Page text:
For example, when someone opens your emails a certain amount of times, or when a company has visited your website on numerous occasions. You can use a tool like Leadfeeder to capture this information, which integrates with Pipedrive on our Marketplace.
7. How to crush your cold call
To wrap things up, let’s talk about how to be an effective salesperson on sales calls:
Lead with your goal: Always have your eye on the prize. If your goal is to secure appointments or demos, then keep this in mind. This will help you stay motivated and focused during your calls.
Use open-ended questions: Sales calls should be a conversation, not a one-way dialog. Think “What do you look for in a CRM” instead of “Would you be willing to try a new CRM?”
It’s all about them: Don’t focus on yourself, your product or solution. Get them talking about their interests, their role and their challenges. Not only will this make them feel good, it’ll provide all the insight you need to provide them the right experience.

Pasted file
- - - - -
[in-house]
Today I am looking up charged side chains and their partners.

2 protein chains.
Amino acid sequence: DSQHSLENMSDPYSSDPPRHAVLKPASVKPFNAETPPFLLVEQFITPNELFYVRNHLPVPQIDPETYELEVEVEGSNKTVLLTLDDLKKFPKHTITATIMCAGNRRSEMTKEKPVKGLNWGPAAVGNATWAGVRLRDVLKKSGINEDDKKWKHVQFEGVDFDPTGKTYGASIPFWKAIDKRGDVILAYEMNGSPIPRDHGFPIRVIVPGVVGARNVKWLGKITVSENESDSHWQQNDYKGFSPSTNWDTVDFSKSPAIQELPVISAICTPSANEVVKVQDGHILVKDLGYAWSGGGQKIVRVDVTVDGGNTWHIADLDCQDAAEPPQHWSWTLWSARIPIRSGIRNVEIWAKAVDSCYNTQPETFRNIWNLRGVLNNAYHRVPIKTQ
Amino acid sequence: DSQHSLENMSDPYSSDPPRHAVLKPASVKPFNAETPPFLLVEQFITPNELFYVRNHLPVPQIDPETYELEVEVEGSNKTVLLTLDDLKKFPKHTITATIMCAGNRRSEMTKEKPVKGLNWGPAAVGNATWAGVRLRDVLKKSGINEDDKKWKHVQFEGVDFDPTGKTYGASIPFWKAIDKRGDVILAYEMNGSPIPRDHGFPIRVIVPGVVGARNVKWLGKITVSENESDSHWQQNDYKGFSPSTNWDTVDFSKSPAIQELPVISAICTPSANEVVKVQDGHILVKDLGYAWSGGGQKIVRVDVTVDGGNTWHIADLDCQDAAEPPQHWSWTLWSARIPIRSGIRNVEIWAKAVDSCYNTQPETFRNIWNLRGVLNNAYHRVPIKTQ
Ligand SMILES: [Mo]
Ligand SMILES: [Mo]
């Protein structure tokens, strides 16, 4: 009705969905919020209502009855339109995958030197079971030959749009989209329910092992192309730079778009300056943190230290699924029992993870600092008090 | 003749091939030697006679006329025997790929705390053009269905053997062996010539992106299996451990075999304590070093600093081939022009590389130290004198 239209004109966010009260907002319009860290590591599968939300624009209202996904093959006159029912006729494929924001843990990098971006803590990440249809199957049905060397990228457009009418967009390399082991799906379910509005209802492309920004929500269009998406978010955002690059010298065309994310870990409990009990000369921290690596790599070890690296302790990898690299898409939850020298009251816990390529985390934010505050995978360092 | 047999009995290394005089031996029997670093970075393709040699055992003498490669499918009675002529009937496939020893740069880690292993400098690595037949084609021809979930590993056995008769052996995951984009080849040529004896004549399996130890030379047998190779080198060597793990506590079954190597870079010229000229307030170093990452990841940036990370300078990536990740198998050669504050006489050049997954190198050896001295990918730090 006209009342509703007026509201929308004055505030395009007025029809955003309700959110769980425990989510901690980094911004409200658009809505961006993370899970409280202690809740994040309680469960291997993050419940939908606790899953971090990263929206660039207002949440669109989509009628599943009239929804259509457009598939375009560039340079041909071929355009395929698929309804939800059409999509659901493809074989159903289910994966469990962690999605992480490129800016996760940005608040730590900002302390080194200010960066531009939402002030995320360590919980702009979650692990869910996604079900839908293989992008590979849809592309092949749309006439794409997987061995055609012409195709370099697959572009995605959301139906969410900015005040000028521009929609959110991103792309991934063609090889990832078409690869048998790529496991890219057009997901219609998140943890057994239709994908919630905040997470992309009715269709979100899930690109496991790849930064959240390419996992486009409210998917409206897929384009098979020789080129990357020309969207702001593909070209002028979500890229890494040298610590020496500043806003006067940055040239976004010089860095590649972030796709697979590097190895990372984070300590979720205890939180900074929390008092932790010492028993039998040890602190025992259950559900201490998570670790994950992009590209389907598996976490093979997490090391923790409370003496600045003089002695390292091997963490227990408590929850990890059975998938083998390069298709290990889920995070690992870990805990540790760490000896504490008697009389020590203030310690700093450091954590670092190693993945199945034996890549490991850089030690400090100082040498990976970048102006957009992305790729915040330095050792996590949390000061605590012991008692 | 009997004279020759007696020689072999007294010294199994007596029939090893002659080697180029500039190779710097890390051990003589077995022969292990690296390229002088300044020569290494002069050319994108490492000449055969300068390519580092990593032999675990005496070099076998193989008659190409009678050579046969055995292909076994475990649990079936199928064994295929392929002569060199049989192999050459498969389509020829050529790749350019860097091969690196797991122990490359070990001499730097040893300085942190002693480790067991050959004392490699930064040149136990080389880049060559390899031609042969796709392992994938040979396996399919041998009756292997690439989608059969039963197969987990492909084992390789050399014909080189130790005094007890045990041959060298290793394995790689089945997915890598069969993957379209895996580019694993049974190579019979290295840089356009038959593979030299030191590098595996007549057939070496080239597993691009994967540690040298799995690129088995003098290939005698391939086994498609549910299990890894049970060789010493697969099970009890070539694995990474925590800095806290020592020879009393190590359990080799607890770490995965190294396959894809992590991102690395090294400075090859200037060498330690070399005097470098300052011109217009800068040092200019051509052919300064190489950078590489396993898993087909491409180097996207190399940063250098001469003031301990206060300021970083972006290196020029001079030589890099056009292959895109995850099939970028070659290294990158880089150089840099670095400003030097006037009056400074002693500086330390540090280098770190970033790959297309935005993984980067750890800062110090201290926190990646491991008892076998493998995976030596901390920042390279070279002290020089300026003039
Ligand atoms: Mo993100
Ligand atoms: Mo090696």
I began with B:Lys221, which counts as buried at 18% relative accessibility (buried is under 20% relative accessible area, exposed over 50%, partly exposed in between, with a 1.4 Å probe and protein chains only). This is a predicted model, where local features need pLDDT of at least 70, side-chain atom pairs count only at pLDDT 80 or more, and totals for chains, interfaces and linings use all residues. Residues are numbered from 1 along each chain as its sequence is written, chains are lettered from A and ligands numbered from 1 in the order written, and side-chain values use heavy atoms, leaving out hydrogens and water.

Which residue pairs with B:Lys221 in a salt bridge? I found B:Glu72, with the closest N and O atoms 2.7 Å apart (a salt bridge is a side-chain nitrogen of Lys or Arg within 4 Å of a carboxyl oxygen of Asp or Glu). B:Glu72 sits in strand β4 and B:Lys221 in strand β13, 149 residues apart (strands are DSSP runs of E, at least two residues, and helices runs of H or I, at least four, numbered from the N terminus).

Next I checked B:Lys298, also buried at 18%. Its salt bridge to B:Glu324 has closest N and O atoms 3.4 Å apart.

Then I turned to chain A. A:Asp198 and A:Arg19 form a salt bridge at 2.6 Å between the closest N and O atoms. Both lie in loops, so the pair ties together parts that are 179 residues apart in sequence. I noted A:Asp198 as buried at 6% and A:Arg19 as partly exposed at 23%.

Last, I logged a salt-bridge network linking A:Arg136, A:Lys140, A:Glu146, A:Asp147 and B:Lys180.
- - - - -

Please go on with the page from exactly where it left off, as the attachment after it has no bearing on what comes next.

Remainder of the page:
Include social proof: In order to build trust, you need to prove results. Dropping social proof points shows the prospect that you’ve already helped other people. Do this with case studies, statistics and name-dropping your largest accounts.
Be aware of tonality: Your voice (or the nature of the way you talk) will stay consistent. That’s your personality at play. But you can learn to change your tone according to the situation. If your prospect sounds confused, try to simplify your language and educate. If your prospect sounds rushed, try to be snappy and stick to shorter questions and explanations. Be the conversational chameleon when you cold call.
Learn to listen: Remember, the call is about your prospect, not you. Stop talking at your prospects and listen to what they have to say. Demonstrate that you’re taking an interest by asking specific follow-up questions based on what they say.
Be positive. Objections, getting shot down and dealing with irate prospects, cold calling is enough to challenge anybody’s character. But by keeping a positive outlook, you’re more likely to succeed. Look at each call objectively as a learning experience. Don’t take it personally!